Yanks riding high, but top brass has eye on future payroll

May 23rd, 2024

This story was excerpted from Bryan Hoch’s Yankees Beat newsletter. To read the full newsletter, click here. And subscribe to get it regularly in your inbox.

NEW YORK -- We are nearly a third of the way through this entertaining opening act to the Yankees’ season, one in which Juan Soto has met all expectations as a new star of a club that plans to spend its autumn in pursuit of a World Series championship.

Let’s hit the pause button, ever so briefly, and take a good look at the present-day roster. Got it? Chances are, this group of 26 will look a lot different at this time next year. Yankees managing general partner Hal Steinbrenner said as much on Wednesday at the Major League Baseball Owners Meetings in New York.

“I’m going to be honest, payrolls at the levels we’re at right now are simply not sustainable for us financially,” Steinbrenner told reporters. “It wouldn’t be sustainable for the vast majority of ownership [groups], given the luxury tax we have to pay.”

Before you panic, no, their chances of retaining Soto have not been altered. Steinbrenner, general manager Brian Cashman and pretty much everyone else in the organization have been singing Soto’s praises in recent weeks. What Steinbrenner’s comments do mean, however, is that there will be other changes in store between the end of the 2024 season and Opening Day ’25.

Steinbrenner said that his team has “got a considerable amount of money coming off” its payroll after this season, funds that can be allocated to make sure Soto plays the rest of his career in pinstripes -- or, failing that, address other areas of need.

With payroll at $305 million this season (according to Spotrac.com) and already set with $202 million of commitments for 2025, the Yankees certainly could hand Soto another nine-figure megadeal, joining those already on the books for Aaron Judge, Gerrit Cole, Giancarlo Stanton and Carlos Rodón. Steinbrenner indicated that to make that happen, they must cut in other areas.

“I’ve been a broken record [on this topic]; I don’t believe I should have a $300 million payroll to win a championship,” Steinbrenner said. “I believe I need a good mix of veterans who are going to make a lot more money, but also, we’ve put a lot of money into our player development system in the last five to 10 years. And in my opinion, we have one of the better ones in baseball now.”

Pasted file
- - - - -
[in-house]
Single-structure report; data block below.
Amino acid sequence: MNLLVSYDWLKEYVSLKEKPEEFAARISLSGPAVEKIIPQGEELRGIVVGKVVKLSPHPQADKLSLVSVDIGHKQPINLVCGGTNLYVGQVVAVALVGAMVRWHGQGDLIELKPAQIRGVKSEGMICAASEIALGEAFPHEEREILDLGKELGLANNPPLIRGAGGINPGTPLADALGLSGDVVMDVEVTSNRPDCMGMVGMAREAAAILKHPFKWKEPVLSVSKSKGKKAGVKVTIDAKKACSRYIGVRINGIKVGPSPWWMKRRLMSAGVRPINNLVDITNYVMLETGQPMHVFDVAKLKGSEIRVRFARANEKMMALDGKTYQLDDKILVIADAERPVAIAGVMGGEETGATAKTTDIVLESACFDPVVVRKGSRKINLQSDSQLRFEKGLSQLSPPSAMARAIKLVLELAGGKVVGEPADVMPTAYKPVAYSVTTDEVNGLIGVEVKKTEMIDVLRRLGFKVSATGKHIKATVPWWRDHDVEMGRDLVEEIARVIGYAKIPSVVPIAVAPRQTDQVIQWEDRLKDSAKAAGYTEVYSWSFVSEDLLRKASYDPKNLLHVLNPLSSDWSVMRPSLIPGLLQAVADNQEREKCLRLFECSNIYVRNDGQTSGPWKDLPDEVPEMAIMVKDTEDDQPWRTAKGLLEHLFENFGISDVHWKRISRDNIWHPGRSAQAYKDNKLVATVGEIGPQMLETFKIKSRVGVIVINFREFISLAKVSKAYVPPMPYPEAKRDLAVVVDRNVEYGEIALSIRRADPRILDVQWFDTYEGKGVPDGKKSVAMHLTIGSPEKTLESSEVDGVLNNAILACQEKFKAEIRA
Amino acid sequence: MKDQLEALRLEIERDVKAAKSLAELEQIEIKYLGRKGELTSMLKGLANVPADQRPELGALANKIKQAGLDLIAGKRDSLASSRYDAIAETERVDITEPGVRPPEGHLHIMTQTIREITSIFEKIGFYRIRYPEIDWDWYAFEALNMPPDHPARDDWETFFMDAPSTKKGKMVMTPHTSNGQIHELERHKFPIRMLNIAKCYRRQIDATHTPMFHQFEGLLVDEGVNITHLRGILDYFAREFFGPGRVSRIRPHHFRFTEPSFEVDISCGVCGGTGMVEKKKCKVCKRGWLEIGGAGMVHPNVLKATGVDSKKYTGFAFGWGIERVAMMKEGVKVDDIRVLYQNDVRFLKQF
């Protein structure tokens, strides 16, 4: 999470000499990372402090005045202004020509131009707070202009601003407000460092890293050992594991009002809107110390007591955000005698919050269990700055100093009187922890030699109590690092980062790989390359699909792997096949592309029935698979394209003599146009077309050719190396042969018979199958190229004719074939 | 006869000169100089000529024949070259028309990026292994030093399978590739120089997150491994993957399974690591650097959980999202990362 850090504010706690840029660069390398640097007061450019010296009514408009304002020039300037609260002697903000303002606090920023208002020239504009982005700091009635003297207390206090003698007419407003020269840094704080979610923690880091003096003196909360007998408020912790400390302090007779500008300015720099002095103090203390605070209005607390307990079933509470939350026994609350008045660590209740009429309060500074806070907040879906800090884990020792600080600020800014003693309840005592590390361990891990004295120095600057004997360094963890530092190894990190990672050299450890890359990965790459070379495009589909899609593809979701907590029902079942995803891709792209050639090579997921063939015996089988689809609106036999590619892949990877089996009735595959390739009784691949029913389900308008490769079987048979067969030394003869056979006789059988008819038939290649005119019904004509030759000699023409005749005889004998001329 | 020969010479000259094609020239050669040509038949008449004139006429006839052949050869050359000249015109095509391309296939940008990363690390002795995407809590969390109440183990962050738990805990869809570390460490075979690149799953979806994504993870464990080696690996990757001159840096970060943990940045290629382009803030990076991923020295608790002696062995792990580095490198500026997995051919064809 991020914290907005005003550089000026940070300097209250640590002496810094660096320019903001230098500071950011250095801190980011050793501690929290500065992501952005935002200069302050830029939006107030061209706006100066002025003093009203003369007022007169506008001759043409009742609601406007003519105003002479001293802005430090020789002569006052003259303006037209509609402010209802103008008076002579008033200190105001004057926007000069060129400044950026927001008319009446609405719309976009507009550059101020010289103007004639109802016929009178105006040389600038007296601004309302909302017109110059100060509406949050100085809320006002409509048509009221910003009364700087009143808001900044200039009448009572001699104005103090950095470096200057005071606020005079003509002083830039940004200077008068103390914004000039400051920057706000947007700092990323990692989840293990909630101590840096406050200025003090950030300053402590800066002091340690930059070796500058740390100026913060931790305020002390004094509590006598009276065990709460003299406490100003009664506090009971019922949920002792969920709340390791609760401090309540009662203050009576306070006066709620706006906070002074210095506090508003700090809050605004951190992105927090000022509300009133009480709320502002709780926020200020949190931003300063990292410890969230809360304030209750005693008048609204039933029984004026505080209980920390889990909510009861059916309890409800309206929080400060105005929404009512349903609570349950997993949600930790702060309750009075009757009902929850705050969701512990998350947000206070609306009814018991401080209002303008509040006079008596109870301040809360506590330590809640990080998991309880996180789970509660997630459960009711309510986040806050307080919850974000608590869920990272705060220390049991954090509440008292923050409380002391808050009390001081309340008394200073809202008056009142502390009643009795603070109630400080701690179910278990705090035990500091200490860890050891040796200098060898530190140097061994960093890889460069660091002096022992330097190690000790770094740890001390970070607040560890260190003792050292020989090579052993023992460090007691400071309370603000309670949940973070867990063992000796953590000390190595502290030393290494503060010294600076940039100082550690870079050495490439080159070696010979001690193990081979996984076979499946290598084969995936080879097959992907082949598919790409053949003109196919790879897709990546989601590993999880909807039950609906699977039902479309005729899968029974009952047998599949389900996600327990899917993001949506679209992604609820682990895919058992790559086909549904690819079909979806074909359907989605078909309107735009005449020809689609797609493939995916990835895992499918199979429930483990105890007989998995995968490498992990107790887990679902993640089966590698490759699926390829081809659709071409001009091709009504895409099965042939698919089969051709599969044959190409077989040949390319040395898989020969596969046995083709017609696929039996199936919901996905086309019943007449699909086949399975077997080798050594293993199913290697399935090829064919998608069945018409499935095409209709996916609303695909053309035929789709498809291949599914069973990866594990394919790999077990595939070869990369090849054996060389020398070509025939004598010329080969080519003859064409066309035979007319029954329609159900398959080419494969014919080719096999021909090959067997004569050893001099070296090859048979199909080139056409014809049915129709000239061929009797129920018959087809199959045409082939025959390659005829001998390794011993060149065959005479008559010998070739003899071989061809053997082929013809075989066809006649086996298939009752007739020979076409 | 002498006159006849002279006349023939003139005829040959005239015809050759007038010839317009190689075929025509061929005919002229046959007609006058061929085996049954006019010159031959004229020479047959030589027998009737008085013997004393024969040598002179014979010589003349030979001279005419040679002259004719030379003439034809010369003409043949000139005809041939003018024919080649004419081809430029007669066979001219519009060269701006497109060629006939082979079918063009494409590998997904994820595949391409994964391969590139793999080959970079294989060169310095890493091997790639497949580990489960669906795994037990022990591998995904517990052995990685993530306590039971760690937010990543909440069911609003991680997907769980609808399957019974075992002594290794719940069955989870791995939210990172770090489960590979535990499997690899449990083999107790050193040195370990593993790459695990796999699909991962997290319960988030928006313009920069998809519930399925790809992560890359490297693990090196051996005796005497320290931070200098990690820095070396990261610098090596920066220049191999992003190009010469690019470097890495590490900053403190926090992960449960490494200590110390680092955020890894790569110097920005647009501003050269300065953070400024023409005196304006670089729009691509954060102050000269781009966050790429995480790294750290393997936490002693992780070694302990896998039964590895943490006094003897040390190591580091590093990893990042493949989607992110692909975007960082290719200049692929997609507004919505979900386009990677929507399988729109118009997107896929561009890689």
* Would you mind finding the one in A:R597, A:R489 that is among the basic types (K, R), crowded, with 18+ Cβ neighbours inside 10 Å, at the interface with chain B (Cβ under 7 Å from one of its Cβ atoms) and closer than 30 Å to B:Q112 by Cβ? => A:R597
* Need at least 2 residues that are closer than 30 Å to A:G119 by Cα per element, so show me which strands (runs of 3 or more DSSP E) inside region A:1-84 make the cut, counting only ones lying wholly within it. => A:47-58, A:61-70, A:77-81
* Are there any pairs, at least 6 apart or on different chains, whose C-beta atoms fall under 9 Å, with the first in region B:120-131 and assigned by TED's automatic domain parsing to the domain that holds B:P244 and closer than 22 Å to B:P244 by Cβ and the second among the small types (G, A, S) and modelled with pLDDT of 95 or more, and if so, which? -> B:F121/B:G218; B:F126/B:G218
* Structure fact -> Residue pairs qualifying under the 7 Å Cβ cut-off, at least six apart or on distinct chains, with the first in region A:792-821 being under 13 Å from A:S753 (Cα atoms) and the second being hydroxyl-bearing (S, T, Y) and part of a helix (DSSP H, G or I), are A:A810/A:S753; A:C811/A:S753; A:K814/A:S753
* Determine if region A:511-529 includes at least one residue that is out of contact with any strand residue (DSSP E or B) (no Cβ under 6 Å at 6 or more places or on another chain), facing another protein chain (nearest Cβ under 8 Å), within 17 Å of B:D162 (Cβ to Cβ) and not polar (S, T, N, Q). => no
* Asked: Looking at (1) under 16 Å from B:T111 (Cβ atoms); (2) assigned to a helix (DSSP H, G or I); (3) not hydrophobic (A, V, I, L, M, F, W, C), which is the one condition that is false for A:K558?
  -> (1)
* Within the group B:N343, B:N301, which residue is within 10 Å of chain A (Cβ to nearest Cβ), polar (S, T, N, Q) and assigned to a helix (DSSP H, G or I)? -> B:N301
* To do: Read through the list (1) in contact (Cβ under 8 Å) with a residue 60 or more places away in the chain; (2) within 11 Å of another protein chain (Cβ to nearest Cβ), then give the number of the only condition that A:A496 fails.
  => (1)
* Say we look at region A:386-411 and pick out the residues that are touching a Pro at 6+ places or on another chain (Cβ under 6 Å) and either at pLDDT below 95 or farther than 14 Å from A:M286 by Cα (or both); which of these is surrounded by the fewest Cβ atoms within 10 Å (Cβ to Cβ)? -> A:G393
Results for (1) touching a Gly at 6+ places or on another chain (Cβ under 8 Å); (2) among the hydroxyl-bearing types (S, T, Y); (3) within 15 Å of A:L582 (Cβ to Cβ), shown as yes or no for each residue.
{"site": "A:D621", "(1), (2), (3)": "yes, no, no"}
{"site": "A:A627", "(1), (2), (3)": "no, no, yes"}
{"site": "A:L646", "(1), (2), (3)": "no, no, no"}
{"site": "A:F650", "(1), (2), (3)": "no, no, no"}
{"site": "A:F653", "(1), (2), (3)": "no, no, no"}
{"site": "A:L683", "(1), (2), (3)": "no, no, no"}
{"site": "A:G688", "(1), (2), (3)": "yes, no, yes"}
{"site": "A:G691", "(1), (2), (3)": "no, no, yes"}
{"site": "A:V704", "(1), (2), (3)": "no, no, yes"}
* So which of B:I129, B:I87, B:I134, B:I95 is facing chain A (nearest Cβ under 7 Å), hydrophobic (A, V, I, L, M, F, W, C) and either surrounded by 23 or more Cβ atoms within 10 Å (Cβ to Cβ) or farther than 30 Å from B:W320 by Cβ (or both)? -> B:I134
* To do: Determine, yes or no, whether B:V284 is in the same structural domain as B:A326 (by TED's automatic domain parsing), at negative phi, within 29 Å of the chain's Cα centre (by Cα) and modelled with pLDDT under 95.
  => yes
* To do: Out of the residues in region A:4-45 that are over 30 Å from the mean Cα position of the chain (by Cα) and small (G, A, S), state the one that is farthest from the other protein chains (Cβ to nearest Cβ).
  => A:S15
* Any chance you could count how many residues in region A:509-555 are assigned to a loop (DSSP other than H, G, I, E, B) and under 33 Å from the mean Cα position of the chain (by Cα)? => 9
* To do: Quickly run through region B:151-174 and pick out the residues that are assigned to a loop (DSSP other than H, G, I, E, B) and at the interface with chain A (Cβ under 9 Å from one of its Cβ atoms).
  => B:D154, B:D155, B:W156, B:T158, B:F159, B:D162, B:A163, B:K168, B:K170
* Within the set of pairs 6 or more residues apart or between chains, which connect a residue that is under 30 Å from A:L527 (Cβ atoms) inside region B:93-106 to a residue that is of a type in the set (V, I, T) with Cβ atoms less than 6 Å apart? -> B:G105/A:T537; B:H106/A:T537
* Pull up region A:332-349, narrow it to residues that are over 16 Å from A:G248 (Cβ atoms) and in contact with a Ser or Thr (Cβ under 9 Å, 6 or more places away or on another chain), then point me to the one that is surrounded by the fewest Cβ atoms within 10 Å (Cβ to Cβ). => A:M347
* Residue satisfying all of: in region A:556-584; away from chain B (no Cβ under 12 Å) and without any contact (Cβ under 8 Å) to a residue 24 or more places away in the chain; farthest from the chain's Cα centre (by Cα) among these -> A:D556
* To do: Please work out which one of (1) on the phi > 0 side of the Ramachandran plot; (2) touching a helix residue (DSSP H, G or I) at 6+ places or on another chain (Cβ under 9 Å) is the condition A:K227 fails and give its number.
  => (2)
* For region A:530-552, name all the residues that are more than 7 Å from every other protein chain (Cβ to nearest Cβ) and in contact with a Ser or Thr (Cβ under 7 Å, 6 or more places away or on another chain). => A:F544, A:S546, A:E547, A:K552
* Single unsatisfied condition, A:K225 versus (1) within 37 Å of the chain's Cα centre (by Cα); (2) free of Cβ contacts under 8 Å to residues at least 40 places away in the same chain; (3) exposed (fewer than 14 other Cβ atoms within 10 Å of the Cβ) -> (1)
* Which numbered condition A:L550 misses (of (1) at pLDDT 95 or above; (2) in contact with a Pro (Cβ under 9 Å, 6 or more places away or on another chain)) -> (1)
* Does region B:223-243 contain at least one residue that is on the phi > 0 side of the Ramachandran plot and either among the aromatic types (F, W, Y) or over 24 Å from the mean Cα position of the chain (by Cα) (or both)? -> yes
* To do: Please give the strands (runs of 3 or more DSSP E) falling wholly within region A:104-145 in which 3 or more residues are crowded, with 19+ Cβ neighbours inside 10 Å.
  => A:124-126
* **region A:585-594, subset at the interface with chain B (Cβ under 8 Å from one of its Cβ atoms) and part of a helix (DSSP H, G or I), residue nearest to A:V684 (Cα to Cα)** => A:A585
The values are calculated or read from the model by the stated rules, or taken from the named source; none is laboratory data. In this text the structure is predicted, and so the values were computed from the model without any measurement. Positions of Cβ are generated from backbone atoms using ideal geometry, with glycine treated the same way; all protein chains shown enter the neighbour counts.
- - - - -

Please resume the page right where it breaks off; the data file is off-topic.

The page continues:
New York’s stable of potential free agents includes second baseman Gleyber Torres ($14.2 million), outfielder Alex Verdugo ($8.7 million), closer Clay Holmes ($6 million), right-hander Tommy Kahnle ($5.7 million), right-hander Jonathan Loáisiga ($2.5 million) and left-hander Caleb Ferguson ($2.4 million). First baseman Anthony Rizzo also has a $17 million club option for next year, with a $6 million buyout.

Will they stay or should they go? In many cases, it’s too early to definitively say. But Steinbrenner’s caution regarding payroll and the luxury tax could explain why the organization seemed lukewarm about discussing an extension with Torres this spring, to cite one example.

Steinbrenner, who spends many of his days at the club’s Player Development complex in Tampa, Fla., said that fans should expect to see more young talent advance through the pipeline to the Bronx -- just as shortstop Anthony Volpe, catcher Austin Wells and right-hander Luis Gil have in recent seasons.

No. 1 prospect (and No. 31 overall, per MLB Pipeline) Jasson Domínguez is likely to return to New York at some point in the second half, while No. 2 prospect (No. 69 prospect overall) Spencer Jones was the talk of Spring Training before going through some early struggles at Double-A Somerset.

“As they get ready, they’re going to continue to get their chances,” Steinbrenner said. “I believe being younger makes you faster. I also believe, whether I’m right or not, it makes you less injury-prone. They’re going to get their opportunities.”